London donor conference pledges aid only to keep Syrian refugees out of Europe

By Jean Shaoul
8 February 2016

Much has been made of the $10 billion in aid pledged by world leaders for Syria’s refugees at a donor’s conference held in London last Thursday. United Nations (UN) Secretary General Ban Ki-moon hailed the conference a “great success,” saying, “Never has the international community raised so much money on a single day for a single crisis.”

It would be more accurate to say, never have the imperialist powers offered so much cash to keep a crisis they created away from their doors. Syria has been devastated by a civil war instigated by the United States and its allies, including Saudi Arabia, Qatar and Turkey, producing a flood of refugees of historic dimensions.

At least half the Syrian population, 11 million people, are internally displaced, and a further 4.6 million people have fled to neighbouring countries, where they are surviving under the most desperate conditions. The vast majority of these refugees are in Turkey, Lebanon and Jordan. The purpose of the London meeting was to ensure that the refugees stay there, and do not attempt to travel further west and north, into Europe.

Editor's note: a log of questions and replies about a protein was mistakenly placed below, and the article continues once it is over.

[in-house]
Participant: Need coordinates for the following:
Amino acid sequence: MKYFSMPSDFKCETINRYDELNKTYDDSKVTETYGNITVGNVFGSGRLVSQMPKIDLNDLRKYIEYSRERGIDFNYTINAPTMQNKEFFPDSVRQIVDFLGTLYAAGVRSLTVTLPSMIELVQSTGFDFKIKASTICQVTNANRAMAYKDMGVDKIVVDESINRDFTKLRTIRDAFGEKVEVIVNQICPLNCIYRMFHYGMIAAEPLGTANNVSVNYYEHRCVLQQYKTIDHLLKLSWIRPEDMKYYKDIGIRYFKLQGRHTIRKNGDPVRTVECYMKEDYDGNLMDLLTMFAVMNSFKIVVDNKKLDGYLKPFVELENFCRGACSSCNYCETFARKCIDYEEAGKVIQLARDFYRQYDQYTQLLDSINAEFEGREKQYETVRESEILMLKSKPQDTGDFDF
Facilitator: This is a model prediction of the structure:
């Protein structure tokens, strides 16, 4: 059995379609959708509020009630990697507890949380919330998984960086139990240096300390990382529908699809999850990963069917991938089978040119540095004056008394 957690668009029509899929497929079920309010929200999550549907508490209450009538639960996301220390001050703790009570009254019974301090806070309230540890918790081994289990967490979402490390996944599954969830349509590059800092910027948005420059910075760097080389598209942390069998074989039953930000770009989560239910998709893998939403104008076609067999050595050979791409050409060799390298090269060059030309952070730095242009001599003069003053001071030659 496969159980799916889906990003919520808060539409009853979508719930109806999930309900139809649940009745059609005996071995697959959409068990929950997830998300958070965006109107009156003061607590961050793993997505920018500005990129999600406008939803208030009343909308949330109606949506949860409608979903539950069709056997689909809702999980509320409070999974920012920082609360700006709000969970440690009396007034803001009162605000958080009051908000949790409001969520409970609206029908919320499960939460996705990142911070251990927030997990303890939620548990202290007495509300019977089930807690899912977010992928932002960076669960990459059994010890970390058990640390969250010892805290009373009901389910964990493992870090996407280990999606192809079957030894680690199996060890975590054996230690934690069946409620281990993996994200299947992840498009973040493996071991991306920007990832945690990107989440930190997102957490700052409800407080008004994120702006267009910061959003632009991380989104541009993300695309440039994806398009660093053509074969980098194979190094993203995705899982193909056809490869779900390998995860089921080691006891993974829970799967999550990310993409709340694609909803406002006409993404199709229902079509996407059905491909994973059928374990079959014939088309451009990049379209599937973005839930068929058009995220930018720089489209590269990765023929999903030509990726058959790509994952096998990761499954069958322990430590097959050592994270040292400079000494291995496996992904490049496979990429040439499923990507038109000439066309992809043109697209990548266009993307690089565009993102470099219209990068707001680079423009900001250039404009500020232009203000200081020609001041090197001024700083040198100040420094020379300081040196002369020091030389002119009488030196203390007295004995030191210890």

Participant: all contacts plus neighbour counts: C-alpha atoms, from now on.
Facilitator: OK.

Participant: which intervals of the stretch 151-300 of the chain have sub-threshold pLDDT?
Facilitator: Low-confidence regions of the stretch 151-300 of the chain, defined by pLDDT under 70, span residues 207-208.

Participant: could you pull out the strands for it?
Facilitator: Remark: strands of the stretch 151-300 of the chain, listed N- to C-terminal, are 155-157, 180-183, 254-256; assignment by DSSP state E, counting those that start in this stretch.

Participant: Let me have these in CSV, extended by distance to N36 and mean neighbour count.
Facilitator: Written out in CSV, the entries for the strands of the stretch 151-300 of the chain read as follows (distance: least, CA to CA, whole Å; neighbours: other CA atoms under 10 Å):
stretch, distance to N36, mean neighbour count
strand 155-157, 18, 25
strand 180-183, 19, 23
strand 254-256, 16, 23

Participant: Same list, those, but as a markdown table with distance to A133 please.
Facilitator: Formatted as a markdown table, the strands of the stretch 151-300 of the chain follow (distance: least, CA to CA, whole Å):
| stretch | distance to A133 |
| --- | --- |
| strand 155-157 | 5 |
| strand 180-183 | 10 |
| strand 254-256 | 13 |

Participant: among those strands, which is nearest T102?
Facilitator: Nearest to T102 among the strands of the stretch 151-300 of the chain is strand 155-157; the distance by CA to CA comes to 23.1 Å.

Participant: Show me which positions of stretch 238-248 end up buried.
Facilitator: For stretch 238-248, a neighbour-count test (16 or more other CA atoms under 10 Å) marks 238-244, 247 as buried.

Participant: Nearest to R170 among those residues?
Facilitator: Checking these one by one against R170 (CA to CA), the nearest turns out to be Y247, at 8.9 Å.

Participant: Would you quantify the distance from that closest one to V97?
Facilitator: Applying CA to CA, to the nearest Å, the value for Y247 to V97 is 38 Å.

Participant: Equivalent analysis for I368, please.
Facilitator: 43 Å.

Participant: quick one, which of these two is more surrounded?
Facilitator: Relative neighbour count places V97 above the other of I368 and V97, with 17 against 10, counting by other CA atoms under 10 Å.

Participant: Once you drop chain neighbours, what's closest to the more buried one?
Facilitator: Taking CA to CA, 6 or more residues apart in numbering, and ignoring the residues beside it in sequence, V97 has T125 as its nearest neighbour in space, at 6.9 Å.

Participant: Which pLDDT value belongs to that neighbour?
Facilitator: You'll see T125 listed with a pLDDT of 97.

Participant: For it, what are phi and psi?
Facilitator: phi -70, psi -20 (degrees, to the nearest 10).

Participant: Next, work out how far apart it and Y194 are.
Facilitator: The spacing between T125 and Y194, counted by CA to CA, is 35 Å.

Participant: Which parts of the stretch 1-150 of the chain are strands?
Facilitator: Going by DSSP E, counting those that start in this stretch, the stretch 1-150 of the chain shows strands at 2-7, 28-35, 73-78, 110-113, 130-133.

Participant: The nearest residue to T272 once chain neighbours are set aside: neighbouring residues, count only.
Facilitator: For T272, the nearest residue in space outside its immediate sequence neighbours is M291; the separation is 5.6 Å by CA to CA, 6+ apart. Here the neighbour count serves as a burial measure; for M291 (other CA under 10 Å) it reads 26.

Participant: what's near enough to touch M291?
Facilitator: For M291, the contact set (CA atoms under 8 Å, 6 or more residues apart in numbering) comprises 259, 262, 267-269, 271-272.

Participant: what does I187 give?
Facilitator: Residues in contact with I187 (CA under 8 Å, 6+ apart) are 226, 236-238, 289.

The European Union (EU) pledged $3.3 billion for this year and intends to “maintain this level of financing” for 2017 and beyond. Britain pledged an extra $1.7 billion until 2020, Germany committed $1 billion this year and a further $1.3 billion by 2018, France said it would give $1 billion, while the US pledged an extra $925 million for 2016.

Their motivation was clear, with German Chancellor Angela Merkel telling the conference that the shortfall in food aid in 2015 had prompted the increase in the number of Syrians seeking refuge in Europe.

This money, from the richest countries in the world, is a drop in the ocean. Only $6 billion of this is for 2016—much less than the $8.5 billion the UN had sought—with the remainder for 2017 to 2020. This amounts to less than $400-500 per person per year, assuming the donors honour their pledges. Previous conferences have failed to deliver, leading the World Food programme and other aid agencies to cut back on their already meagre support for Syrian refugees last year, plunging millions into even greater misery and hardship.